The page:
COX2 induction: a mechanism of endocrine breast cancer resistance?
Urine prostaglandin E2 (PGE2) levels have shown to be a risk factor of breast cancer, and the use of nonsteroidal anti-inflammatory drugs (NSAIDs) is known to be beneficial in preventing breast cancer risk and/or recurrence with or without aromatase inhibitors. We hypothesized that the use of an aromatase inhibitor triggers the activation of the inflammatory pathway via release of PGE2.
A single oral 25 mg dose of an aromatase inhibitor (exemestane) was given to 14 healthy postmenopausal female volunteers. Blood and urine samples were collected between 0 and 72 h post-dosing for pharmacokinetic and pharmacodynamic analysis.
Our findings showed that urine PGE2 levels were markedly increased 72 h after exemestane administration (average pre-dosing PGE2 levels, 4061.1 pg/mL vs. post-dosing average PGE2 levels, 10732.5 pg/mL, P = 0.001, Wilcoxon Rank Test). Out of 14 subjects enrolled in the study, one subject showed no change in PGE2; another showed a 23-fold decreased in PGE2; and the remaining 12 showed an average of 8.4-fold increase in PGE2 levels (range 1.3–30.5, standard deviation 9.2) after exemestane administration. We found no statistically significant correlations between fold increase in urine PGE2 levels and the pharmacokinetics of either exemestane or 17-hydroexemestane (major in vivo metabolite of exemestane).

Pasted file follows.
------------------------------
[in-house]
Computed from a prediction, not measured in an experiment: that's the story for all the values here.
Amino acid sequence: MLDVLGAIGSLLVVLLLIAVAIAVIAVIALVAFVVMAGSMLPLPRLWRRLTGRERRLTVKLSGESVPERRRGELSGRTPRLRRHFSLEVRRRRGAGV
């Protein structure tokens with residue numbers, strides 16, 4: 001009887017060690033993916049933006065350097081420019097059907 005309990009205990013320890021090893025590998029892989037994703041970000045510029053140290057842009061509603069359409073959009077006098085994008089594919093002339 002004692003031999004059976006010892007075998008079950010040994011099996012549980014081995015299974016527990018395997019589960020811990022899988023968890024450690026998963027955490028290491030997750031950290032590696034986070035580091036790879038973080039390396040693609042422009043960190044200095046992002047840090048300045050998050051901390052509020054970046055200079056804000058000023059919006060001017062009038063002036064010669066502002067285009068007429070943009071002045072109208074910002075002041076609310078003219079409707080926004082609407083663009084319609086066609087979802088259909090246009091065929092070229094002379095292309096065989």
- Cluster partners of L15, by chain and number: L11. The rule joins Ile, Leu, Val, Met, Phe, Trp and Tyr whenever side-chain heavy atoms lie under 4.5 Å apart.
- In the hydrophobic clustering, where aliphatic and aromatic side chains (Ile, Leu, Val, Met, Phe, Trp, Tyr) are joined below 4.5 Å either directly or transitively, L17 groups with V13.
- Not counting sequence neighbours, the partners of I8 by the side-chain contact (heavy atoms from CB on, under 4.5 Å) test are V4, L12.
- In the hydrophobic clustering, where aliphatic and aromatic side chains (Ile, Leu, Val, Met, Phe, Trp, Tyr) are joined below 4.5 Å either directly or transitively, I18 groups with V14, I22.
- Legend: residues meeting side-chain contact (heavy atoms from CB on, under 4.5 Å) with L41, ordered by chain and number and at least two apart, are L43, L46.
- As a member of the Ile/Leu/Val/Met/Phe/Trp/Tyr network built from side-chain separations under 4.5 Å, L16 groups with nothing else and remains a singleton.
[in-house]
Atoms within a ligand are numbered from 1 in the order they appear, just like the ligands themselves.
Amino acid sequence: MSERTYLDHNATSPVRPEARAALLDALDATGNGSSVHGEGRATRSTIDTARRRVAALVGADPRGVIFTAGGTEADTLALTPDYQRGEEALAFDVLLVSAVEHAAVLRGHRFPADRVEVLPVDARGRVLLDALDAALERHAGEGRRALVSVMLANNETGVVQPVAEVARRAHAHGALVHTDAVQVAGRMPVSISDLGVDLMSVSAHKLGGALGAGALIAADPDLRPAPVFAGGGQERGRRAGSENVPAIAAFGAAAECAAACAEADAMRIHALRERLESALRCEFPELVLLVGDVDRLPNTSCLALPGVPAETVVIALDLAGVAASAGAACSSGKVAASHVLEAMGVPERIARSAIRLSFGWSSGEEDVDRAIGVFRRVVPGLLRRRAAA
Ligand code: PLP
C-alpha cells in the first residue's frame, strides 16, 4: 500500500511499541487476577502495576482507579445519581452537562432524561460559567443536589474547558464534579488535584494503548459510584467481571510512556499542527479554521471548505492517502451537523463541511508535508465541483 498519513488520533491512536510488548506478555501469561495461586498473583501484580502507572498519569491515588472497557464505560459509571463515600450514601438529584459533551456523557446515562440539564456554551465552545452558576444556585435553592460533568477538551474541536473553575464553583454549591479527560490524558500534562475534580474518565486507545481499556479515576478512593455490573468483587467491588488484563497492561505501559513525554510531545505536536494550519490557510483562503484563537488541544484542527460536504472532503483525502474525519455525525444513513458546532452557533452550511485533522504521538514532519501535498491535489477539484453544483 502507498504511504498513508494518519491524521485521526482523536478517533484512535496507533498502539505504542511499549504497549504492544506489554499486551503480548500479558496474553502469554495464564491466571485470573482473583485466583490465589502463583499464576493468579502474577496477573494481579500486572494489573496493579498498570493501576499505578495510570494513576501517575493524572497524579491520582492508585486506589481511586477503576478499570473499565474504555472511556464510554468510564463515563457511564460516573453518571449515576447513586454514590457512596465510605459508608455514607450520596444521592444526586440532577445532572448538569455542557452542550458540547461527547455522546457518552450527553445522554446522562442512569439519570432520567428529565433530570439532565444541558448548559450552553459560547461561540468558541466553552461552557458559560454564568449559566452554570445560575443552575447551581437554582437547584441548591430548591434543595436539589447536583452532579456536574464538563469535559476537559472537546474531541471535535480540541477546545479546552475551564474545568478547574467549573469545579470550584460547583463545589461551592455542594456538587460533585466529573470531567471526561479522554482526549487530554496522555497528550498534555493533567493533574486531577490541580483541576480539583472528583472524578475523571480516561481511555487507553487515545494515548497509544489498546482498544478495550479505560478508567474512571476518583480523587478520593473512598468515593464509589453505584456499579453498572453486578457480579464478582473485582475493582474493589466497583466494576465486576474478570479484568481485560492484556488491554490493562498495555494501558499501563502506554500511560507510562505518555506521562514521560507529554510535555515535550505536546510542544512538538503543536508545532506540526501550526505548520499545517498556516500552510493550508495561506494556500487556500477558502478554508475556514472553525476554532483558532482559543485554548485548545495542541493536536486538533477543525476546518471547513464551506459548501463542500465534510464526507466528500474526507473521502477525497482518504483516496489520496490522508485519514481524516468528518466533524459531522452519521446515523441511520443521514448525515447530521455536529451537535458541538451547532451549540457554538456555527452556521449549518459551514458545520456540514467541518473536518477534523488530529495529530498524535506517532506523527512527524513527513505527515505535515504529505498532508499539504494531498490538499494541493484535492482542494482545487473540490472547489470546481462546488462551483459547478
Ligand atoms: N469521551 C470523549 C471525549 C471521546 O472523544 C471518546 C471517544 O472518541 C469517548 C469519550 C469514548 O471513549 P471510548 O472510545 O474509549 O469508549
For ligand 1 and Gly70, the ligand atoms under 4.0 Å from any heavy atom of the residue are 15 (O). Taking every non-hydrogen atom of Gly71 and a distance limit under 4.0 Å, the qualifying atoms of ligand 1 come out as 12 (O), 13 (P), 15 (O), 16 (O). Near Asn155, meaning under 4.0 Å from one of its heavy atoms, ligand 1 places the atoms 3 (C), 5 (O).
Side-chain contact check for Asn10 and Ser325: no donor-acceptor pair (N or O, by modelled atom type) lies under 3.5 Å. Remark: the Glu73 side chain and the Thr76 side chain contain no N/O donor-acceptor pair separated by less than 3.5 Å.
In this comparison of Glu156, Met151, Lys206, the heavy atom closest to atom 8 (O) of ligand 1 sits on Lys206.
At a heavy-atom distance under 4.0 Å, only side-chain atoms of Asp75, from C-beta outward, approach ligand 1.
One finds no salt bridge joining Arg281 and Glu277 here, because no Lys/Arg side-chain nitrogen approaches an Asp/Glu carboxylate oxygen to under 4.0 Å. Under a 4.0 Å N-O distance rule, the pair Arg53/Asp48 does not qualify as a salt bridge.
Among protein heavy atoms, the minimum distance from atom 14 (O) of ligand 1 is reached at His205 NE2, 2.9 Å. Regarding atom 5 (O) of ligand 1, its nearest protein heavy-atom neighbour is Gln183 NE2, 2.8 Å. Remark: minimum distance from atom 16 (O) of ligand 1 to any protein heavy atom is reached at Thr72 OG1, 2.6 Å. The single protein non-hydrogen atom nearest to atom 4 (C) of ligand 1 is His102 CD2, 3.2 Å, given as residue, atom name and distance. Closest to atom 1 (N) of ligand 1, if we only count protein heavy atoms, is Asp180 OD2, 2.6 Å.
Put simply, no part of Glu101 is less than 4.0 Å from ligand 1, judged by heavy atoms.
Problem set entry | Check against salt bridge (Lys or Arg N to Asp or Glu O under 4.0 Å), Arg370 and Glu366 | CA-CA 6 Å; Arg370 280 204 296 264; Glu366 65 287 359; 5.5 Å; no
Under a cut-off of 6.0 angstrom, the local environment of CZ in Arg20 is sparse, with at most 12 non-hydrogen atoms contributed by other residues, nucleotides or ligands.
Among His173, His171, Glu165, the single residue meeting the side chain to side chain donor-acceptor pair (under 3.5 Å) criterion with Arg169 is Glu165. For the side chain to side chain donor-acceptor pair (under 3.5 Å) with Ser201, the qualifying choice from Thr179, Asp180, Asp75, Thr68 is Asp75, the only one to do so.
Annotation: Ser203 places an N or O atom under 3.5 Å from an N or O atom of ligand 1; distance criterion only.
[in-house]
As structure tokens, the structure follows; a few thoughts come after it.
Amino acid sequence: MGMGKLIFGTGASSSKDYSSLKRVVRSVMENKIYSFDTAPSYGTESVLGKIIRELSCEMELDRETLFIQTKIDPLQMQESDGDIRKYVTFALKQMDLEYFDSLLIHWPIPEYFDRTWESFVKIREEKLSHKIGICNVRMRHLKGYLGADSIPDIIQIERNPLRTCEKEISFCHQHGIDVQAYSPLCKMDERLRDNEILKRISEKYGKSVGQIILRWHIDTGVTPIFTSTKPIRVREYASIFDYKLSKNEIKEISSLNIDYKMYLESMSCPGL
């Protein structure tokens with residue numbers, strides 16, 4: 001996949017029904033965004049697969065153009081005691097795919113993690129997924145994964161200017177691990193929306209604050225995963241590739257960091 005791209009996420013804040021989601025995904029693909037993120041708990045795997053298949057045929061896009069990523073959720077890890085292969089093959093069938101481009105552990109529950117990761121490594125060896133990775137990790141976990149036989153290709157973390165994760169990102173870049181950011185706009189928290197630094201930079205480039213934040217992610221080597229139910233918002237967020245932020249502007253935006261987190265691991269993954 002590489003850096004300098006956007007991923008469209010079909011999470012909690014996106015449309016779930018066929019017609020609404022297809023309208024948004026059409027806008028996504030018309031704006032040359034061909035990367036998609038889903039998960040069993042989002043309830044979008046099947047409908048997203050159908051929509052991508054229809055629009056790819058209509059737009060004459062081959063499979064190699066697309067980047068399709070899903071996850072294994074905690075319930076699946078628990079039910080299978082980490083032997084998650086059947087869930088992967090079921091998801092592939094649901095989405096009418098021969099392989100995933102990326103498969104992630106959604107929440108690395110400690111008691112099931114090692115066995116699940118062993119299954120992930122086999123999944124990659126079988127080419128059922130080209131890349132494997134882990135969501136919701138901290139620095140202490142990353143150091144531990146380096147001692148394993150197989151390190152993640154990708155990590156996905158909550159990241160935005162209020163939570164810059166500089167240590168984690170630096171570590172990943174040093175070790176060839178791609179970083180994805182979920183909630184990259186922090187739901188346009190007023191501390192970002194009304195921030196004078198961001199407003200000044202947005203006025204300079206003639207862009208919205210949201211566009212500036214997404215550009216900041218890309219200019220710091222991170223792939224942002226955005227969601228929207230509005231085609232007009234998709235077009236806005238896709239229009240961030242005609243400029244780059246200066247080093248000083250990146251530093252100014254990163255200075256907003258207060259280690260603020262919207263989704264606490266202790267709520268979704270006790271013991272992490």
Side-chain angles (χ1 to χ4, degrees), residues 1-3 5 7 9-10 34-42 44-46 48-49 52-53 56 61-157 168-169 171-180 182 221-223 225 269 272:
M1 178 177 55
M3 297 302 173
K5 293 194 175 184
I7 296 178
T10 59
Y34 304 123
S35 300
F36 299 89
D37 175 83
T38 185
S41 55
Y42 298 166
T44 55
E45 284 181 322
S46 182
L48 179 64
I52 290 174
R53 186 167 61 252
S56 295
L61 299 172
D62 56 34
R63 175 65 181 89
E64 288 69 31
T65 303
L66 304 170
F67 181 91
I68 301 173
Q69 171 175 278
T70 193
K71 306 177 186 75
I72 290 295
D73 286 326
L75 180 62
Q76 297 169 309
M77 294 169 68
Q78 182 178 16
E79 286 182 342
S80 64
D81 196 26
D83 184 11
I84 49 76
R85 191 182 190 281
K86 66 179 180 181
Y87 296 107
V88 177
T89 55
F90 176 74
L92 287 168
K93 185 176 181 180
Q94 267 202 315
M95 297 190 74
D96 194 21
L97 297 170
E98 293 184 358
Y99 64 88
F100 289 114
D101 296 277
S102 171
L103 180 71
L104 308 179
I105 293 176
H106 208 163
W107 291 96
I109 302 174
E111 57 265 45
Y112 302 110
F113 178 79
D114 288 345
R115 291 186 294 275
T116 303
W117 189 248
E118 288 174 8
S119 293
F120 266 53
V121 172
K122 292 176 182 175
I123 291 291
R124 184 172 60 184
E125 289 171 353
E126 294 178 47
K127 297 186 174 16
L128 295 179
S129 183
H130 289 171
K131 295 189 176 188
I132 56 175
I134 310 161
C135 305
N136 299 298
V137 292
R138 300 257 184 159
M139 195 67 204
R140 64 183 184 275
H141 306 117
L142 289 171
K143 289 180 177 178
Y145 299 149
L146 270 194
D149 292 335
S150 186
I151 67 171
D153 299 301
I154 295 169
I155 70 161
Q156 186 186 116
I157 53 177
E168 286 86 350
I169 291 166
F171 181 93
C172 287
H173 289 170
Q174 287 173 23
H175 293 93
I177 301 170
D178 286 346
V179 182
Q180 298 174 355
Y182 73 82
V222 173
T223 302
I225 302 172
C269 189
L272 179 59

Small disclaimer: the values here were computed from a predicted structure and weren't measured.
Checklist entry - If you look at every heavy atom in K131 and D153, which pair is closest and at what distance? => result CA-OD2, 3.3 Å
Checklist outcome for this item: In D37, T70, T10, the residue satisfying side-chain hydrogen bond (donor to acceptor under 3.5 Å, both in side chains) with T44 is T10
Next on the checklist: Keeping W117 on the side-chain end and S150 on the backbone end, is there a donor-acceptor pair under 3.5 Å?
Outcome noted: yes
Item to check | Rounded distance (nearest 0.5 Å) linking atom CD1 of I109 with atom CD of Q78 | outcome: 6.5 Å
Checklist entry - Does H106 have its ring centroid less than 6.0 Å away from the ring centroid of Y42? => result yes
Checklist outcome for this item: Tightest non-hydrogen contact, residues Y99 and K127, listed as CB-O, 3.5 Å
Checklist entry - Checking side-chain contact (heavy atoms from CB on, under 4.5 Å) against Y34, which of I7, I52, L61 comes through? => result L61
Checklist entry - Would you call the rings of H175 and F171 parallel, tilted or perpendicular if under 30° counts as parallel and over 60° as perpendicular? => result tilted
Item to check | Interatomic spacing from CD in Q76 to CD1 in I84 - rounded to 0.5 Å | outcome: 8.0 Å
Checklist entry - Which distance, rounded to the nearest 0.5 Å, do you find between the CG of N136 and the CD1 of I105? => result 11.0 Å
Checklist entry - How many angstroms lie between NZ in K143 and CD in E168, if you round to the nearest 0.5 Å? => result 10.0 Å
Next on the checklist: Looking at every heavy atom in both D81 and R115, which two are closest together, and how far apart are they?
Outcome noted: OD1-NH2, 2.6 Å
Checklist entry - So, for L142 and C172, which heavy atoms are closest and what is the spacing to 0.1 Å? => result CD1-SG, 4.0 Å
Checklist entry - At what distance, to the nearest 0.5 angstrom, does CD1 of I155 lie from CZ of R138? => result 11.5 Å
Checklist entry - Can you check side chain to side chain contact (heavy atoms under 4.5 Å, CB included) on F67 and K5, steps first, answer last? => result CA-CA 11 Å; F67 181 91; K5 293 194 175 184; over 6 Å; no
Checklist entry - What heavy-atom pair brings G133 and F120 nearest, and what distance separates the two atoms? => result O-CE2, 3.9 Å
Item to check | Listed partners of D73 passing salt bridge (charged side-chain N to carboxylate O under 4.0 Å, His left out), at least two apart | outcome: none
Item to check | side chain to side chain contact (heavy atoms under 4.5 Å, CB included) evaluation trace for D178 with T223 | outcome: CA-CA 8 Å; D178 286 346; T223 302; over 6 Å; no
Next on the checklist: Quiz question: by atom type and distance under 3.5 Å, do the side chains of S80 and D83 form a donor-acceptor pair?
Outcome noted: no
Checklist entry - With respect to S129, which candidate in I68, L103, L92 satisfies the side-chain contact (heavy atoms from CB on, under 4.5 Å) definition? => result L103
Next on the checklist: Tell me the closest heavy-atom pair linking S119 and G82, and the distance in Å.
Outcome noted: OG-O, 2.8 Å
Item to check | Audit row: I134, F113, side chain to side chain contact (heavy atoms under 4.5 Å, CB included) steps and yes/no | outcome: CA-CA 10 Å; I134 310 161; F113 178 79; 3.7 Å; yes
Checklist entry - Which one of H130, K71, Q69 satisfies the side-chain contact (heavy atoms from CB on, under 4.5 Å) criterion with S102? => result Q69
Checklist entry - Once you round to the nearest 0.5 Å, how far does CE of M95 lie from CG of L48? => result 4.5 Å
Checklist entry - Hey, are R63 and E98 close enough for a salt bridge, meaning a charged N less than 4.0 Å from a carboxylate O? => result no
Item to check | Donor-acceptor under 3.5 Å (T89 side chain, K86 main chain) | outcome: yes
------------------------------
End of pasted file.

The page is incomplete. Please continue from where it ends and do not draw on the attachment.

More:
Our results indicate that one of the pharmacological effects to aromatase inhibitors (e.g., exemestane) involves the activation of the inflammatory pathway via release of PGE2. Further in vitro mechanistic and in vivo translational studies designed to elucidate the role of this newly discovered effect are now warranted.
Publisher URL: https://link.springer.com/article/10.1007/s10549-017-4284-7
Keeping up-to-date with research can feel impossible, with papers being published faster than you'll ever be able to read them. That's where Researcher comes in: we're simplifying discovery and making important discussions happen. With over 19,000 sources, including peer-reviewed journals, preprints, blogs, universities, podcasts and Live events across 10 research areas, you'll never miss what's important to you. It's like social media, but better. Oh, and we should mention - it's free.
Researcher displays publicly available abstracts and doesn’t host any full article content. If the content is open access, we will direct clicks from the abstracts to the publisher website and display the PDF copy on our platform. Clicks to view the full text will be directed to the publisher website, where only users with subscriptions or access through their institution are able to view the full article.